The 7 Best Hikes in the Bay Area

The 7 Best Hikes in the Bay Area

July 19, 2021hiking5291Views

Although California’s San Francisco Bay Area is one of the nation’s largest metropolitan regions, it still boasts an amazing number of hiking trails. Whether you’re looking for rugged cliffside ocean views, rich redwood forests, mountain peaks, or maybe just a little solitary break from the bustle of urban living, hikers of all skill levels will find something amazing here. Keep reading to check out the best Bay Area hikes!

Note: California has an active, ever-shifting natural environment that is susceptible to forest fires, mudslides, floods, and more. It’s a good idea to check up on current conditions of all these hikes before beginning your adventure.

1. Golden Gate Bridge

golden gate bridge san francisco best bay area hikes
Photo from Ryan Stone/Unsplash

You won’t find wilderness solitude on this easy point-to-point walk. But who doesn’t want to stroll across the iconic Golden Gate Bridge at the entrance to San Francisco Bay? Starting at easily-accessible parking in San Francisco on the south end of the bridge, you can hike, bike, or take a wheelchair 1.7 miles with 240 feet of elevation gain to the Marin headlands on the north. This coastal trail is for everyone.

2. Bear Valley/Sky Trail Loop

Despite gaining over 1,600 feet in its 10.5 miles, the Bear Valley to Sky Trail loop in Point Reyes National Seashore north of the city still has a very moderate, laid back feel. You’ll traverse redwood forests and fields of wildflowers before paralleling the Pacific Coast, with possible views of humpback whale pods. This loop trail can get crowded on weekends, and you may want to wear long pants due to patches of poison oak, but it’s a great day-hike.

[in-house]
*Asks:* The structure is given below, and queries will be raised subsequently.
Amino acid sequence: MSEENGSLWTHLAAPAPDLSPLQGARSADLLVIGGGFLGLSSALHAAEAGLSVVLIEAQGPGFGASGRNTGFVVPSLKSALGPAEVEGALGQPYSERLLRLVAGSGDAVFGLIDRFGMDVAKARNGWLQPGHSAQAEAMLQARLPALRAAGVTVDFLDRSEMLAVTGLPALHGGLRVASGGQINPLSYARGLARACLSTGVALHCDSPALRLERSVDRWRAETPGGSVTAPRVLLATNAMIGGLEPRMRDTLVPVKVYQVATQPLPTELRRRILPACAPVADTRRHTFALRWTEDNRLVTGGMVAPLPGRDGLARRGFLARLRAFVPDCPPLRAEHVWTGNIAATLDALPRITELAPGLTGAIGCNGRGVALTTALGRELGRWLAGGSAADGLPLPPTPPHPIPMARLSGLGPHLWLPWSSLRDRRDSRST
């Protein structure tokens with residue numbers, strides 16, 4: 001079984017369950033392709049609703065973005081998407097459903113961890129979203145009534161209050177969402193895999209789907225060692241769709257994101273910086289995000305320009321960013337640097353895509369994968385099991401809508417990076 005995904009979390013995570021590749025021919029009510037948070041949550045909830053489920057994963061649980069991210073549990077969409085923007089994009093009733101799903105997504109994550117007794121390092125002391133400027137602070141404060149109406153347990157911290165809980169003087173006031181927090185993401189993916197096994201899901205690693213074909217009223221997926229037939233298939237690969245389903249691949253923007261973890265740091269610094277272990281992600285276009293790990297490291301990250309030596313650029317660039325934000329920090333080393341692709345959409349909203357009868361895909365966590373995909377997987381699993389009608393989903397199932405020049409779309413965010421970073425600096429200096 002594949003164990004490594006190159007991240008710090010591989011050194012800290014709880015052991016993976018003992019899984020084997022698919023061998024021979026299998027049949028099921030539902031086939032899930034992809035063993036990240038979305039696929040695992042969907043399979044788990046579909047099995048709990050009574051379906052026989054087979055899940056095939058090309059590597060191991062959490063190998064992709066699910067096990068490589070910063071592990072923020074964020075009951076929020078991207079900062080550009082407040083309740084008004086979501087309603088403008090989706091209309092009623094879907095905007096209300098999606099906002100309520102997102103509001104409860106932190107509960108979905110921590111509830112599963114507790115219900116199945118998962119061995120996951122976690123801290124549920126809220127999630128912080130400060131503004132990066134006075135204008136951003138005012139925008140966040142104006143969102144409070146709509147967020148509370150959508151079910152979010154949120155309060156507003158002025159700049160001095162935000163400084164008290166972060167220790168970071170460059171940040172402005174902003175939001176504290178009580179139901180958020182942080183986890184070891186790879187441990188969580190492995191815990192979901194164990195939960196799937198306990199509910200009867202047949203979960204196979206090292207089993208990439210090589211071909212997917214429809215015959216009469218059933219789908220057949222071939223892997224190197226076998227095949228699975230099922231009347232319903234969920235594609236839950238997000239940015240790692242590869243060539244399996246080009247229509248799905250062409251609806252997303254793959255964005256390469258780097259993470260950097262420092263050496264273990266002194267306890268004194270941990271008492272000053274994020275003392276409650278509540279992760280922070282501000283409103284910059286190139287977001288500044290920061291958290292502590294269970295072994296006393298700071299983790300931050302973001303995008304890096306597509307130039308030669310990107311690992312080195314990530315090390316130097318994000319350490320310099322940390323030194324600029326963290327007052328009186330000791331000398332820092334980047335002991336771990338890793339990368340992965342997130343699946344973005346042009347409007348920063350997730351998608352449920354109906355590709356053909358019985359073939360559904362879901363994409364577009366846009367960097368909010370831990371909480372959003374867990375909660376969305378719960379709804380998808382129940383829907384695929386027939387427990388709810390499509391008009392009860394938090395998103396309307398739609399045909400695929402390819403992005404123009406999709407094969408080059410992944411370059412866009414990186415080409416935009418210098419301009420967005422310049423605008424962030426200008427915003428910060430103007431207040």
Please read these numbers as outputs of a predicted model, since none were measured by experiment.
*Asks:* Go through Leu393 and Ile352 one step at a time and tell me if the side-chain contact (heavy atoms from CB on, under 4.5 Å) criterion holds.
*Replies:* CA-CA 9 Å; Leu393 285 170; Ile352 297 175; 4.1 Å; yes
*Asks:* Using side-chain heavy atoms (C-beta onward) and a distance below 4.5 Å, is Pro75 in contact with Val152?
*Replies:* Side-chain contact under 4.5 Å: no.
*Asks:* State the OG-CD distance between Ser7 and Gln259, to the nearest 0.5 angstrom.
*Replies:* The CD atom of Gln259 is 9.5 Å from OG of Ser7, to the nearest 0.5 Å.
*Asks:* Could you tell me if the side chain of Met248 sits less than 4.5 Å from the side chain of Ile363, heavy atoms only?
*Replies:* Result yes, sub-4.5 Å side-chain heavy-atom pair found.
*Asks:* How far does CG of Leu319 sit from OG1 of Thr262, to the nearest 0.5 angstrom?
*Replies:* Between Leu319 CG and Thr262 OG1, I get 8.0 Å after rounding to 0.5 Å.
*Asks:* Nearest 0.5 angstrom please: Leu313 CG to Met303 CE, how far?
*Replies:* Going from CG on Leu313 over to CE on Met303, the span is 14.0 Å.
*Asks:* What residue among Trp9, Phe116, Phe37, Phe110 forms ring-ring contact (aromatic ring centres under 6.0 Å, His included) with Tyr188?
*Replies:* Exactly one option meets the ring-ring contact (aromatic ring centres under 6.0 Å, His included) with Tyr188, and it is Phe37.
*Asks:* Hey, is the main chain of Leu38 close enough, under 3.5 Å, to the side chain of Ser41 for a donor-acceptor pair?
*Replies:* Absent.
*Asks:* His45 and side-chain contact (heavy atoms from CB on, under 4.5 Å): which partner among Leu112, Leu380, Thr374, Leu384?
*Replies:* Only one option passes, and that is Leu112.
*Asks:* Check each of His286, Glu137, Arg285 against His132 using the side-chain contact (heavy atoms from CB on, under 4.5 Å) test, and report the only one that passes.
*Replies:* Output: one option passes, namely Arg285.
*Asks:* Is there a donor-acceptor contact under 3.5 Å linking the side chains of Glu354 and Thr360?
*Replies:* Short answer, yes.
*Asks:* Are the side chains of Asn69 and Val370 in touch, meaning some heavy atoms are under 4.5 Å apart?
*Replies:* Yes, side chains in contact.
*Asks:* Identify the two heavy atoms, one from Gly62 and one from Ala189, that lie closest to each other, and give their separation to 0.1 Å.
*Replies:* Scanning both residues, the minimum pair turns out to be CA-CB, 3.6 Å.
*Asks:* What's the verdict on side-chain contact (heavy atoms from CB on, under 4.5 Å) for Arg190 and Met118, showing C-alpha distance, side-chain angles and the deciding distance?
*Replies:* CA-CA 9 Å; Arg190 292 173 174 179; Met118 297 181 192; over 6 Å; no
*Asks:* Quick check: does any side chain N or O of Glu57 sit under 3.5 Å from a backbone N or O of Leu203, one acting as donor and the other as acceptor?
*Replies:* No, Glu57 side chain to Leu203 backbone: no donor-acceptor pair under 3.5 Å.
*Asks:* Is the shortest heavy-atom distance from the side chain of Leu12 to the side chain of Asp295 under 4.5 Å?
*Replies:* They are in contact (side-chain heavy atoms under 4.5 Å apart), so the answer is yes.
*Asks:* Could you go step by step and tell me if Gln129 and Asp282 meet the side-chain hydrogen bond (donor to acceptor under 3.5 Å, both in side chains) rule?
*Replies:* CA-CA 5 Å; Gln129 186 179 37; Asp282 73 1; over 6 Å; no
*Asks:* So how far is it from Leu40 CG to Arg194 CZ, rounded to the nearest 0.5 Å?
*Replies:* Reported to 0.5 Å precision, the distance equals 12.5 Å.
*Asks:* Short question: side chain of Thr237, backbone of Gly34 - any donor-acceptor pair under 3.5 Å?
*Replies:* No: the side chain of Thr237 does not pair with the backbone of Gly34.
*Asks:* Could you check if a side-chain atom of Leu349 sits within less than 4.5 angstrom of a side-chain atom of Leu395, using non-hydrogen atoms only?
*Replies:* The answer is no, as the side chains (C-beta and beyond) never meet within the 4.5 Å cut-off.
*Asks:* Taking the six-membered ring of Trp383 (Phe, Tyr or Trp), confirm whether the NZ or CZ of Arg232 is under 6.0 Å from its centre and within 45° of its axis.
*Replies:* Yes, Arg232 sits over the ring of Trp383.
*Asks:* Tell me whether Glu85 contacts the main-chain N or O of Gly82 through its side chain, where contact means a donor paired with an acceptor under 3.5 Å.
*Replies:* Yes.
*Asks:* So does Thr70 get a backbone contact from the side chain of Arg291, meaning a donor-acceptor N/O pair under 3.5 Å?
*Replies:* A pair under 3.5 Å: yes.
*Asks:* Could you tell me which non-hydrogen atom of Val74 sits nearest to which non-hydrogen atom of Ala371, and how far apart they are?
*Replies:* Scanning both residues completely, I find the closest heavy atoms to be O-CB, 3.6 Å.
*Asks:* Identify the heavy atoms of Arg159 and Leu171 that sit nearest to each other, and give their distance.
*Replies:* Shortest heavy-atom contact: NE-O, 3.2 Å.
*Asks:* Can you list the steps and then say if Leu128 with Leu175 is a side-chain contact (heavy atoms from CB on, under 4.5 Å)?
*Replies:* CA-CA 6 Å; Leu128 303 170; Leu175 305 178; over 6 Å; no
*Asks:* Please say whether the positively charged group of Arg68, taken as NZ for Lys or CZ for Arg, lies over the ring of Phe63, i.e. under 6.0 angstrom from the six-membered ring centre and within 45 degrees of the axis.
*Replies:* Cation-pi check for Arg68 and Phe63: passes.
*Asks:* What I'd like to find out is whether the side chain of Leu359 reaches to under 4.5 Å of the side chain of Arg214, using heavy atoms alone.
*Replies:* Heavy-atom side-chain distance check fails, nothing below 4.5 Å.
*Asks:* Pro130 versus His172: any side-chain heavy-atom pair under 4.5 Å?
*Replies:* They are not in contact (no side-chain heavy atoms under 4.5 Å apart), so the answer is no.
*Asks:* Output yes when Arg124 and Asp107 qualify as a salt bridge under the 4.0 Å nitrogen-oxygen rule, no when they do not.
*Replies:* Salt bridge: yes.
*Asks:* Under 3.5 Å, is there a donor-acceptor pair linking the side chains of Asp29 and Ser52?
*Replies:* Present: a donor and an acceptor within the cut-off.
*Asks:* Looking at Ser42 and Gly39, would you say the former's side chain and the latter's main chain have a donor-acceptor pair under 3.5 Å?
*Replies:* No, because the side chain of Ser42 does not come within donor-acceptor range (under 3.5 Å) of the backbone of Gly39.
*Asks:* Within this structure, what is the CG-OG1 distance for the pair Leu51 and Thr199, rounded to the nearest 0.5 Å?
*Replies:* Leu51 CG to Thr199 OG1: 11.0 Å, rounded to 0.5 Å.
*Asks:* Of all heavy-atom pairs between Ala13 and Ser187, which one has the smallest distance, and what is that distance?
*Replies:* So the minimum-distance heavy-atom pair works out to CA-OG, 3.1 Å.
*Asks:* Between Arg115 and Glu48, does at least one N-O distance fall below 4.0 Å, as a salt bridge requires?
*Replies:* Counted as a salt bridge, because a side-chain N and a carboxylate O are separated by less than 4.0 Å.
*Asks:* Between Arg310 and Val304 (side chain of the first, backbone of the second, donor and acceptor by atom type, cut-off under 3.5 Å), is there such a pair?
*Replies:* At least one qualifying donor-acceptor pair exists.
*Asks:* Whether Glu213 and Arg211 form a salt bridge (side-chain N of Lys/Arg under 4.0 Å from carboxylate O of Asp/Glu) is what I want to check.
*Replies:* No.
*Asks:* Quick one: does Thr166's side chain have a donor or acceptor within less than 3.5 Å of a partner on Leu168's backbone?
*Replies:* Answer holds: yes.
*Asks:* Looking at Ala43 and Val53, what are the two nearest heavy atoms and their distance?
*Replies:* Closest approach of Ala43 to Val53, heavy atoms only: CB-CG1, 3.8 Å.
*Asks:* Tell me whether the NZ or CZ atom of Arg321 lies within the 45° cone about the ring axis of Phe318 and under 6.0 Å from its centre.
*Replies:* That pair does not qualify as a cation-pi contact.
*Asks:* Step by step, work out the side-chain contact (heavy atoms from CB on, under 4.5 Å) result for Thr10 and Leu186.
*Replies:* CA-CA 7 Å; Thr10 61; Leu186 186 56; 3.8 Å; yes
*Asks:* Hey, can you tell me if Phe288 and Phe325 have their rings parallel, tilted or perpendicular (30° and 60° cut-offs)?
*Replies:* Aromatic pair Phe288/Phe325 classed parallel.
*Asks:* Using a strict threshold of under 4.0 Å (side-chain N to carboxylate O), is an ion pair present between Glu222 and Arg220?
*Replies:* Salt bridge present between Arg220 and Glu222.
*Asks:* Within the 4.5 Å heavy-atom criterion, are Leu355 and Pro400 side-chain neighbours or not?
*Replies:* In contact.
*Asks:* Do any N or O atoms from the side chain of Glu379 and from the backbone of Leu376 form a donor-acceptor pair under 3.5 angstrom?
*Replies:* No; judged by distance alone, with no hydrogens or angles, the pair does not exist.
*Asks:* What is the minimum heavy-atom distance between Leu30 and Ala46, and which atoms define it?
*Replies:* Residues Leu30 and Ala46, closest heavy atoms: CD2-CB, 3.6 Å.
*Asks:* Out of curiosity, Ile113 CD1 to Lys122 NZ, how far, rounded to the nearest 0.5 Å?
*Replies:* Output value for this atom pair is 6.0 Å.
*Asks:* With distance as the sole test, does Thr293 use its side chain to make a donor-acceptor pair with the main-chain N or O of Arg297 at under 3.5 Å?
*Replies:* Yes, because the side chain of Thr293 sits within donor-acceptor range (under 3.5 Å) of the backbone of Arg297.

3. Presidio Loop

Presidio of San Francisco
Photo from Julian Bialowas/Unsplash

The Presidio is a large public park situated in the far northwest of San Francisco, abutting up on the Golden Gate Bridge — think of it as the Bay Area’s own historic version of NYC’s Central Park. Despite its urban location, thick forests, scenic overlooks, and miles of trails abound here. This 6.1-mile loop hike traverses the best of the Presidio, interspersing natural scenes with historical sites like the San Francisco National Cemetery and the Presidio Golf Course.

4. Mount Tamalpais State Park

Lovingly called simply “Tam” by locals, the peak of Mount Tamalpais boasts spectacular views of nearly the entire Bay Area. You’ll catch breathtaking views of the protected Farallon Islands 25 miles out in the Pacific and the Marin Headlands. On a clear day you can even see the Sierra Nevadas, the highest mountains in the lower 48 states!

Although you can easily drive to the highest point of Mt. Tam, there are also many hiking trails in the state park. One of the best is the Dipsea Trail into Steep Ravine, a moderate 2-hour, 4.5-mile hike that descends into a narrow canyon thickly forested with redwoods.

5. Mount Diablo Summit Trail

Mount Diablo State Park in California
Image via Shutterstock

If you’re looking for a real cardio workout with stunning views from the mountaintop as a reward, check out Mount Diablo State Park in the East Bay region. From the trailhead in the town of Diablo, you’ll gain over 2,000 feet in 7 miles on your way to the 3,800-foot summit, where you’ll re-enter Mt. Diablo’s developed facilities. These include historical viewpoints and an excellent museum.

6. Stonewall Panoramic Trail, Claremont Canyon

In the hills overlooking California’s intellectual epicenter of Berkeley is the small, secluded Claremont Canyon Regional Preserve. Though originally developed to protect a vulnerable watershed, the canyon also features beautiful woods, wildflowers, and amazing vistas. For a short and steep introduction to this stunning canyon, check out the Stonewall-Panoramic Trail. This hike gains 700 feet in less than a mile, but after you catch your breath, your reward is sweeping views of the Bay, Oakland, Berkeley, and the Golden Gate Bridge.

7. Black Diamond Mines Loop

Inland from the East Bay is Black Diamond Mines Regional Preserve, which contains historic cemeteries and mining ruins of 1860s coal towns. The Chaparral/Manhattan Canyon loop will take you through human-created ruins as well as beautiful open meadows that are a welcome contrast from the Bay Area’s closed-in, hilly terrain. This phenomenal Bay Area hike can be a relaxing place to escape crowds.

Feature photo by Teresa Barajas on Unsplash